Situated at the centre of the island of Sicily, Enna, known until 1927 as Castrogiovanni, is the highest provincial capital in Italy (at 948 metres above sea level). The Greeks called it the “umbilicus of Sicily” and due to its easily defendable position on the top of a tall hill, it was a key objective for the many invaders that have sought to conquer the island over the centuries.
The city became the focal point of the Arab invasion of Sicily, which began in 827 AD with Palermo falling in 831. Enna however took 30 years to conquer and after several failed attempts, the Arabs finally managed to get in through the sewer system in 859. Its Roman name Castrum Ennae was arabized to "Kasr Yannah”, bringing an end to the Byzantine period in Sicily.
The Enna area is a land of myth and legend which appears in the story of the rape of Persephone by Hades. Persephone was the daughter of Zeus and Demeter, and after her abduction on the shore of Lake Pergusa, she became the goddess of the underworld. In her anger at losing her daughter, Demeter, the goddess of the Earth, fertility and the harvest, rendered the land barren. As a result, it was agreed that Persephone would spend various months each year in the underworld during which time Demeter would grieve for her daughter's absence, creating winter. By contrast, her annual return to the earth in spring would be a period of joy in which the meadows would flourish and new grain would suddenly sprout.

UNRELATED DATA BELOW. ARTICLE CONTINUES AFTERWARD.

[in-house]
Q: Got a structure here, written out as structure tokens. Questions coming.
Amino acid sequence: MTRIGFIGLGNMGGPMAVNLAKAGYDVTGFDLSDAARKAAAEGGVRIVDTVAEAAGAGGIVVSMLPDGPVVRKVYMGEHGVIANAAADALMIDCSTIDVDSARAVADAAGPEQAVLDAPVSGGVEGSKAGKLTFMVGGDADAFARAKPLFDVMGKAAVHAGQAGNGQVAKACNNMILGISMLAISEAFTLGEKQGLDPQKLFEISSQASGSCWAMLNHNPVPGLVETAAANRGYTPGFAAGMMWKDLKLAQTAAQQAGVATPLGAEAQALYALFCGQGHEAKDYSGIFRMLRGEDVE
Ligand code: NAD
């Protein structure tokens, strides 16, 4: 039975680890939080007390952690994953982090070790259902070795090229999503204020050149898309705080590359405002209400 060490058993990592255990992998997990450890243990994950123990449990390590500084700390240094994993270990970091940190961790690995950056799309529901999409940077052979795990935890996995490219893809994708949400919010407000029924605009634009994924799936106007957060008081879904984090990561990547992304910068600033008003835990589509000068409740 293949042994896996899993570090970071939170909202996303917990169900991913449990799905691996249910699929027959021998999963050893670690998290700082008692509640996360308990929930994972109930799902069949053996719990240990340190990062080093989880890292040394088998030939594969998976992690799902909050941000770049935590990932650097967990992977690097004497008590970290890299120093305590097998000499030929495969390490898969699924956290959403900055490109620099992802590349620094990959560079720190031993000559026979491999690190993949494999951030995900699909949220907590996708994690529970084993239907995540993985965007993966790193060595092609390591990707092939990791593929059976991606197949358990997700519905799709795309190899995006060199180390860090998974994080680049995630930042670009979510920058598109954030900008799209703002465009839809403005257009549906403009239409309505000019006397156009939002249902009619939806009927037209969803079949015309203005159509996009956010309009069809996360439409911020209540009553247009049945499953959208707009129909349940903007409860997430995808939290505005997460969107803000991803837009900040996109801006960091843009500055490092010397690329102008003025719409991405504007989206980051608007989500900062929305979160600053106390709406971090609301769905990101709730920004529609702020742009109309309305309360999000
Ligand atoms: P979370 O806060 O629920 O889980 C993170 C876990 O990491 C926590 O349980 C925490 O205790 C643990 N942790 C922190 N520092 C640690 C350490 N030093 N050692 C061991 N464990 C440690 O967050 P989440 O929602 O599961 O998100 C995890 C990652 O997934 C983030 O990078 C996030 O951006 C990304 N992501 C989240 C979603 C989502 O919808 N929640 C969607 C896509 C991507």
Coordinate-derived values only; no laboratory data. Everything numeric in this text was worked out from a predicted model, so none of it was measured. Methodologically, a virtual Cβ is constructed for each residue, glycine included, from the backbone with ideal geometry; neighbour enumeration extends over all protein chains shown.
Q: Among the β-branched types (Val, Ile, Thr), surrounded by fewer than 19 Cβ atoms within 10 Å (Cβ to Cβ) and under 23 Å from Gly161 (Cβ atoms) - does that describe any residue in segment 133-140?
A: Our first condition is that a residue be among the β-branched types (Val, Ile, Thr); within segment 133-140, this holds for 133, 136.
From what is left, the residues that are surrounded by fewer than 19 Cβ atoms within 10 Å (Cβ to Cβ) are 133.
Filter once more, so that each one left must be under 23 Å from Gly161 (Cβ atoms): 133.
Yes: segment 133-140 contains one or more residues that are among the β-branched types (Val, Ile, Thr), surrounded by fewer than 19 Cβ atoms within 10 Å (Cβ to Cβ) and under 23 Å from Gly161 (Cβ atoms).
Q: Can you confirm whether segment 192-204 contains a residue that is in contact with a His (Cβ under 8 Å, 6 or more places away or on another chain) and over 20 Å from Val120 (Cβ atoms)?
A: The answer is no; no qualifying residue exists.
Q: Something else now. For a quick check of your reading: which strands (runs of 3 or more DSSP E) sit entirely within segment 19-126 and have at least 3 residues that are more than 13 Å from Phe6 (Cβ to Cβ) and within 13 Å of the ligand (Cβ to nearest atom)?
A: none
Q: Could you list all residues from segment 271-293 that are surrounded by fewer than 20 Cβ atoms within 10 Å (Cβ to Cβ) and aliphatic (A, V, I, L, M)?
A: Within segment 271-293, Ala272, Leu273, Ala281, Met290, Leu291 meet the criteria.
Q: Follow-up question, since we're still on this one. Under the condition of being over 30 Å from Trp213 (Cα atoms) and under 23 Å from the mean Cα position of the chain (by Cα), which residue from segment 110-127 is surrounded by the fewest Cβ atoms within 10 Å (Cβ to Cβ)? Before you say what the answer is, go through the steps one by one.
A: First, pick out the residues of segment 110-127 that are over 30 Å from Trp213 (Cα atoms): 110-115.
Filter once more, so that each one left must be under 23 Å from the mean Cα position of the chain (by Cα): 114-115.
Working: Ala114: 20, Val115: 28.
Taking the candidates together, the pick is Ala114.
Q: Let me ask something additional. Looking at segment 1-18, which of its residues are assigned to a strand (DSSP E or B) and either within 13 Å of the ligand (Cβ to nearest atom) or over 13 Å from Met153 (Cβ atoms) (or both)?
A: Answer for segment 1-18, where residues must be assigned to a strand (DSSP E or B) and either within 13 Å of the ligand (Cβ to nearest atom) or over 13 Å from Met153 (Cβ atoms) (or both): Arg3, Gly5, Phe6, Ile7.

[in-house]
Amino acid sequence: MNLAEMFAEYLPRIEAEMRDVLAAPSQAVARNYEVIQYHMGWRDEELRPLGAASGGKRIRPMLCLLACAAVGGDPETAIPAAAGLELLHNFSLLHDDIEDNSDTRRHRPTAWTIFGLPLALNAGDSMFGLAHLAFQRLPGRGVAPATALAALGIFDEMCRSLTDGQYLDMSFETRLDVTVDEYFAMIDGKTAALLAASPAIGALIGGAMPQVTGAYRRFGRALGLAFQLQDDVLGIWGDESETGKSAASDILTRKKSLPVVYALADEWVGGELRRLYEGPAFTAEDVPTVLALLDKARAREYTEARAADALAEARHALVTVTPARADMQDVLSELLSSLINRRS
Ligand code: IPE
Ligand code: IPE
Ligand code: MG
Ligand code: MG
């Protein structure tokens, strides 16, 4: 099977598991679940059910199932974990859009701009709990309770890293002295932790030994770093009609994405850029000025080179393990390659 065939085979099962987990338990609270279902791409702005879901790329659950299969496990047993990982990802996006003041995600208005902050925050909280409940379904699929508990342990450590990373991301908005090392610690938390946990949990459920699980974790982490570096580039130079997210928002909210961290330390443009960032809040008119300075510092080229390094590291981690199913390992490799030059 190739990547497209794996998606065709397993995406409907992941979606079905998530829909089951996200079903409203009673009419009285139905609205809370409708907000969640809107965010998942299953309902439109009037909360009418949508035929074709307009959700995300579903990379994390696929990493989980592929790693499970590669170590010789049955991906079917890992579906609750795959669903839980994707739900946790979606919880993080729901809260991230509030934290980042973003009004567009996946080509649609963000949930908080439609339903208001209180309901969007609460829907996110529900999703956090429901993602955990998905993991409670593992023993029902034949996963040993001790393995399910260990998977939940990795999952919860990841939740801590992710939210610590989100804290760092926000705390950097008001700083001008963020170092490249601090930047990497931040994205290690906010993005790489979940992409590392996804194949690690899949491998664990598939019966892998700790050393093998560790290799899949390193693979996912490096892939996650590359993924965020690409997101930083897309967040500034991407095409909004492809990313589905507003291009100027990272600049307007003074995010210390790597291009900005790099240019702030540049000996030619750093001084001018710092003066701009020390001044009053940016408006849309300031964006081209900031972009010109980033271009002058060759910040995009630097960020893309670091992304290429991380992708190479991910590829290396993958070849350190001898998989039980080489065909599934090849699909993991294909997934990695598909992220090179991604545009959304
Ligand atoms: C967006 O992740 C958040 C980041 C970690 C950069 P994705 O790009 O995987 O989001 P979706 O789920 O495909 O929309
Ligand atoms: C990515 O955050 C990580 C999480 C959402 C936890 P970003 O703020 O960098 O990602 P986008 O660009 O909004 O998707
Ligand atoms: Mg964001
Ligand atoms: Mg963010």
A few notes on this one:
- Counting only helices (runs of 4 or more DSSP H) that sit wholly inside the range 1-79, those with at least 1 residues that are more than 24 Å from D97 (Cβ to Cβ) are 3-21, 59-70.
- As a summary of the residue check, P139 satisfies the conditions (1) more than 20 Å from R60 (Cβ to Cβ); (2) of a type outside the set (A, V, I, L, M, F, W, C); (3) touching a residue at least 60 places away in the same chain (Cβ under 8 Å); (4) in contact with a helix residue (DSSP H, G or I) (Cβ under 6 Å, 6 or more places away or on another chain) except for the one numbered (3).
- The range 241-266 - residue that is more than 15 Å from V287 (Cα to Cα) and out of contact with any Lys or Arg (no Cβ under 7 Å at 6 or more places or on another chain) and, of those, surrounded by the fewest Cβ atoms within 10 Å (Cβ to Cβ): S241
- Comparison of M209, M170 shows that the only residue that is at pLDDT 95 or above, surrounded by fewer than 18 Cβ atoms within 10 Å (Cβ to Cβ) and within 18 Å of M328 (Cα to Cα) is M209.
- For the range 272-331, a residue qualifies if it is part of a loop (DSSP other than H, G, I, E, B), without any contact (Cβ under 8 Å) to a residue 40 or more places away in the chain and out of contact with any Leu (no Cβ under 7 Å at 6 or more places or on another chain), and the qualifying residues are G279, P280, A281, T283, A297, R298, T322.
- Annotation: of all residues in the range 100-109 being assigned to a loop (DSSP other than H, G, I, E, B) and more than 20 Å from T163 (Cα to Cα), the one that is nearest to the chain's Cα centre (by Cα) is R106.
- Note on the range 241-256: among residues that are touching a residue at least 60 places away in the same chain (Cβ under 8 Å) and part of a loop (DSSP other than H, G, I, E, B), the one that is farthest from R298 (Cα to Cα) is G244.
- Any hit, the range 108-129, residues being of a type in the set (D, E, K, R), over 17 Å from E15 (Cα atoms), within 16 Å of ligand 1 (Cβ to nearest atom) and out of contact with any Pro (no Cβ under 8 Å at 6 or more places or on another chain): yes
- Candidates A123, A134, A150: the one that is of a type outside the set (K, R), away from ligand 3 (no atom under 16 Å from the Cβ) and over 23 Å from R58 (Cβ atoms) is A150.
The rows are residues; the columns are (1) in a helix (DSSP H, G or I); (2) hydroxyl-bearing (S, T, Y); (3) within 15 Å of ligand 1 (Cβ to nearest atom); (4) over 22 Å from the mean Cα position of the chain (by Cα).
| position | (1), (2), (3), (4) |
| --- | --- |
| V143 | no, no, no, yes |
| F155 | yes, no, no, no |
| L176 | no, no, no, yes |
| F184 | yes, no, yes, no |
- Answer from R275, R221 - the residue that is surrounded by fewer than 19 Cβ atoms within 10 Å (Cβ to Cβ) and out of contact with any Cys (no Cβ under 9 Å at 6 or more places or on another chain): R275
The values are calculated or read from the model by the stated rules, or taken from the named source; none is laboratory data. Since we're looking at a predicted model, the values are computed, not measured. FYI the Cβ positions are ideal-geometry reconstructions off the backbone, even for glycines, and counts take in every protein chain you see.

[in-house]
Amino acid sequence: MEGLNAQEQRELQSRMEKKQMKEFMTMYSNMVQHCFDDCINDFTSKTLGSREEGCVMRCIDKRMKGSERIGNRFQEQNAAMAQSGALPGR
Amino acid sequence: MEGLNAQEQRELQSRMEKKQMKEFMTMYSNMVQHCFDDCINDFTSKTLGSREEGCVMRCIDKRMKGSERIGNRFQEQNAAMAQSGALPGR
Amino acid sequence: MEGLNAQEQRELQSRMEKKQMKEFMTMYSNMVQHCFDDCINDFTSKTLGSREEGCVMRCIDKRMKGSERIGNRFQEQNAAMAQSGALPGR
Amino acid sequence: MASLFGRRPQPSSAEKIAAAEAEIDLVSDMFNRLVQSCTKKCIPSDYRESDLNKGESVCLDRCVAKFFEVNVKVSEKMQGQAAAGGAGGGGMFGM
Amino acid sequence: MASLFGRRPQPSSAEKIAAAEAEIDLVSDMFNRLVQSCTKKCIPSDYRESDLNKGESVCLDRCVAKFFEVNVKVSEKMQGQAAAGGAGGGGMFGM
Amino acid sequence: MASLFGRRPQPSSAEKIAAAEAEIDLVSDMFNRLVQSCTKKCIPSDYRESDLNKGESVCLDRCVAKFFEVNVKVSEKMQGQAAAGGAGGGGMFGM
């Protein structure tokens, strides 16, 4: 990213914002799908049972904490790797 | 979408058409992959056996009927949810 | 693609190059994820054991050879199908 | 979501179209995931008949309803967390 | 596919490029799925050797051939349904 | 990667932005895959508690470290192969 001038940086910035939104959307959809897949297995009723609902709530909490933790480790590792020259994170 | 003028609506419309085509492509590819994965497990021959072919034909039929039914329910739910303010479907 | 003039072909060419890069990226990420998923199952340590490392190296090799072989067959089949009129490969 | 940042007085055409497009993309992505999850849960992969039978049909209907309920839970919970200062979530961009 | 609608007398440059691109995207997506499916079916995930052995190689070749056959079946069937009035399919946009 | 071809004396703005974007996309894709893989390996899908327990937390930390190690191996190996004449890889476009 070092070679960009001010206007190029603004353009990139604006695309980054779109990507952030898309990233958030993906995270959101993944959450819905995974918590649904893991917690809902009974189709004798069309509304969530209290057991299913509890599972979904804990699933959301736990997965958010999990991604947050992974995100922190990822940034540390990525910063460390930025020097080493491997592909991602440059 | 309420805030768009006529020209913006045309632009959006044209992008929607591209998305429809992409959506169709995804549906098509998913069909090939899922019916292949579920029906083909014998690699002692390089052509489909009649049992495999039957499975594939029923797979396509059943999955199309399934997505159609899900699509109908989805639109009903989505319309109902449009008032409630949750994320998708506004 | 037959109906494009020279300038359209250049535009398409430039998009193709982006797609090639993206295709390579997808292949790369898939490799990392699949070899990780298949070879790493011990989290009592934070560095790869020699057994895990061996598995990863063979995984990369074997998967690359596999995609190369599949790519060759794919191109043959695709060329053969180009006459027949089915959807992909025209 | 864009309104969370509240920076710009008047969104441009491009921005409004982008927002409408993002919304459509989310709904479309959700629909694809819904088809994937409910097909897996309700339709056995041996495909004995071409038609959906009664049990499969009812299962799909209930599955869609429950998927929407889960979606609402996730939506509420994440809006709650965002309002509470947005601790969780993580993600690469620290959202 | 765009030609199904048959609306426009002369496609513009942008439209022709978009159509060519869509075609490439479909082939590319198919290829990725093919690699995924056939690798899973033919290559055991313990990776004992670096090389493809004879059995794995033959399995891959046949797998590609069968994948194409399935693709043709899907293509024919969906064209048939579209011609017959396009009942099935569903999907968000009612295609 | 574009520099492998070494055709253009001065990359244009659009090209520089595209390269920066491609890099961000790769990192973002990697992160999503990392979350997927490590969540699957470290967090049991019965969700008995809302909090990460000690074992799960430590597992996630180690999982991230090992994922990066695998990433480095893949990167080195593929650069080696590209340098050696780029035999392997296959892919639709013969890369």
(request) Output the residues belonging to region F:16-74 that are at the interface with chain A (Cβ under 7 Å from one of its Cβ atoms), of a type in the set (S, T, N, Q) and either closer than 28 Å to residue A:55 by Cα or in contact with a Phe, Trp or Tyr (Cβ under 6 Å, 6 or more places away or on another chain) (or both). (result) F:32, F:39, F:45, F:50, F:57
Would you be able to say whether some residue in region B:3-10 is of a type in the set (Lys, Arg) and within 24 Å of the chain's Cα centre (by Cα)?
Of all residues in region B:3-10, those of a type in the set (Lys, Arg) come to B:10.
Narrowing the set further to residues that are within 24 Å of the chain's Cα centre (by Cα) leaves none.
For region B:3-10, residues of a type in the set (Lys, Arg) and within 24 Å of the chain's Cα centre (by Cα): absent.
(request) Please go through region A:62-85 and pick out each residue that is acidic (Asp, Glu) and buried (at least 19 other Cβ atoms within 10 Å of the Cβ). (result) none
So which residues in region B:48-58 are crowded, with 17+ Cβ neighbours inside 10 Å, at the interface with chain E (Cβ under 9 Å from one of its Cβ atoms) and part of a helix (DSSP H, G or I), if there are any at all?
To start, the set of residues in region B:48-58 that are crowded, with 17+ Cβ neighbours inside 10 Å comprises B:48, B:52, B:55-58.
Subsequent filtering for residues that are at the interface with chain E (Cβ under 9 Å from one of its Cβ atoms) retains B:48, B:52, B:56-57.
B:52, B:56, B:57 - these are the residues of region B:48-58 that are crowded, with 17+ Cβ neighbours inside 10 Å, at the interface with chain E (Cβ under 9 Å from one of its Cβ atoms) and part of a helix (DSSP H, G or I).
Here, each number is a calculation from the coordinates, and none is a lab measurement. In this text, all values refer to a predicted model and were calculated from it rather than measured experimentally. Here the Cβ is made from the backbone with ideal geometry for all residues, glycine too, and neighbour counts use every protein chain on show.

Enna's main attraction is the Lombard Castle built by Frederick II of Swabia in the early part of the 13th century. It is situated on the eastern corner of the plain and overlooks the whole city. Historians agree that the castle was erected on the ruins of an earlier fortification, probably Arab or Byzantine. In ancient times the Fortress of Ceres (Demeter) stood just below the Lombard Castle. This was a temple dedicated to the goddess of fertility in which rites and sacrifices to Demeter and her daughter Persephone were held in the hope of guaranteeing a good harvest.